In the last 10 years or so, modern dentistry has improved to be able to give millions of people better and whiter artificial caps than their original teeth. This has given rise to what I call “The Celebrity Smile.” Putting on the television we find a whole slew of presenters, actors, models and even cauliflower-eared footballers whose brilliant, mega-watt beams make a Great White’s predatory gape seem like the opening to a bat cave!

Of course, work like this doesn’t come cheap, in fact, dentists are the real sharks of the medical world, along with the governments who add their 60% in taxes (luxury goods tha knows!), along with another 20% in VAT.

But it has to be done. The expression, “Poor man’s teeth,” invented by one of our heartless crime writers, has labeled many of us with the “Mark of Cain,” scurrying about our little nether-worlds, hardly able to speak and never to smile, until we can afford to fork over the price of a luxury car and buy some pretty teeth.

Quixotically, we even see pet dogs on TV ads., which have let their teeth go and have to be fitted with artificial dentures (the curse of mankind). The bulbous and shining picture of a bulldog so equipped almost made me fall off the chair the other night. Luckily, we were rescued by a German Shepherd with its own choppers, industriously munching on a “Chew Bone,” or whatever other piece of overpriced rubbish they were promoting. An effective ad., though. Buy your doggie an appropriately sized REAL bone, is my advice - they hate this other crappola!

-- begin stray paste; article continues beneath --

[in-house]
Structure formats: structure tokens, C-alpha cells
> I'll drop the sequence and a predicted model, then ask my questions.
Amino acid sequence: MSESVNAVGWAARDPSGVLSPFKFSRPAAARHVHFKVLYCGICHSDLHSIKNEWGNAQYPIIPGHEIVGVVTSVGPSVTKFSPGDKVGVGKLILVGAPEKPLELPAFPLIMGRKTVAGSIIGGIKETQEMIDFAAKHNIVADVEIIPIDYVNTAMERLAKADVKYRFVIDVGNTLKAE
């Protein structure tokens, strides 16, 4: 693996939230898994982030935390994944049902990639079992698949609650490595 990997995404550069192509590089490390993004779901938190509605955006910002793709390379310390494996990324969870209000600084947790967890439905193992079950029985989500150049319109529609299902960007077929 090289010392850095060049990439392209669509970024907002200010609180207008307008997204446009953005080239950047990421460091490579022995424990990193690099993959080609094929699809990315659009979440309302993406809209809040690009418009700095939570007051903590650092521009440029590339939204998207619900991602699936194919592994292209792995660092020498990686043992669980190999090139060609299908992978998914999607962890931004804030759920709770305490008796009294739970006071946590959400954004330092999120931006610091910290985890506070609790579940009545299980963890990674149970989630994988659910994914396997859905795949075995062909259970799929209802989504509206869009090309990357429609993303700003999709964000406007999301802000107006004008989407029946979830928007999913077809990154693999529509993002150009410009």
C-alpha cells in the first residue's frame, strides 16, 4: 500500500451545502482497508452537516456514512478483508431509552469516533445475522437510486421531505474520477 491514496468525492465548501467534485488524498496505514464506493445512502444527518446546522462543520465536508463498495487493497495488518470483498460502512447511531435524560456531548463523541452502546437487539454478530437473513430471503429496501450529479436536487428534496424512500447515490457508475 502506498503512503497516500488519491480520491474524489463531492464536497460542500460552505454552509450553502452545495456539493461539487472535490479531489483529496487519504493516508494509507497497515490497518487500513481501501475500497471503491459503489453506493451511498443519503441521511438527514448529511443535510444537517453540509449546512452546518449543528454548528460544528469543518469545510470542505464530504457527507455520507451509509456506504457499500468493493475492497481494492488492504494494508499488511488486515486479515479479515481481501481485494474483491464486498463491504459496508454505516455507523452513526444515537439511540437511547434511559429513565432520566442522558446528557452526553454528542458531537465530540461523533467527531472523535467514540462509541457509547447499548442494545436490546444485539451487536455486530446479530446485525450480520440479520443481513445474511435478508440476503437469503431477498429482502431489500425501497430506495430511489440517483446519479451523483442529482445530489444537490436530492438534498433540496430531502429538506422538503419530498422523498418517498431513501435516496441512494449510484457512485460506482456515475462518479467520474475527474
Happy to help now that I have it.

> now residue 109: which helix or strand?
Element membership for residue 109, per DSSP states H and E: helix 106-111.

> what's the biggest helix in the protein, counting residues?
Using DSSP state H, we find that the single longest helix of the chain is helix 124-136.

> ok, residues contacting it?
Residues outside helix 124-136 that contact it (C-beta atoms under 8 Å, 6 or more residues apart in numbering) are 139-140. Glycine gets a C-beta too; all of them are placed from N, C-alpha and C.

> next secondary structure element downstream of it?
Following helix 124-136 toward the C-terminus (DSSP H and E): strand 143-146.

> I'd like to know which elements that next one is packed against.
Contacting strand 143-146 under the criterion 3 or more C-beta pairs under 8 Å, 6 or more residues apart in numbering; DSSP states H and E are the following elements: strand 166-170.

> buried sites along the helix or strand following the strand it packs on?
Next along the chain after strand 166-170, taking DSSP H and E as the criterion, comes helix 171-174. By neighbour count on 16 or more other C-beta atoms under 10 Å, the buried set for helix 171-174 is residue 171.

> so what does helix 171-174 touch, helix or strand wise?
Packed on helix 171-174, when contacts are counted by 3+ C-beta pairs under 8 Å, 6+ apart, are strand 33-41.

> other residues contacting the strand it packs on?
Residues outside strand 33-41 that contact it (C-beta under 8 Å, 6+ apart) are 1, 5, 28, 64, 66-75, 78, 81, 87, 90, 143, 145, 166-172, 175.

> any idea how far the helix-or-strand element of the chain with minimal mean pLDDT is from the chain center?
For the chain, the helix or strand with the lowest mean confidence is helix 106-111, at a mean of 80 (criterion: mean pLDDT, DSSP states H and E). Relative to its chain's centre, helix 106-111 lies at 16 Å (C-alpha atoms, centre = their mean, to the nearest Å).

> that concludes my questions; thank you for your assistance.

Back to dentures. The UK is the only country left in the First World to still inflict its poorer victims with plastic, unsupported, artificial dentures. In the rest of Europe, it’s all implants now, or, at the very least, dentures with anchor points. If you want decent dentistry in the UK, forget the NHS!

But I am getting away from the subject of this hub: smiles and smiling…no wonder a score of editors hated me! And in those days, you could have what teeth you wanted, any or none. Nuf said.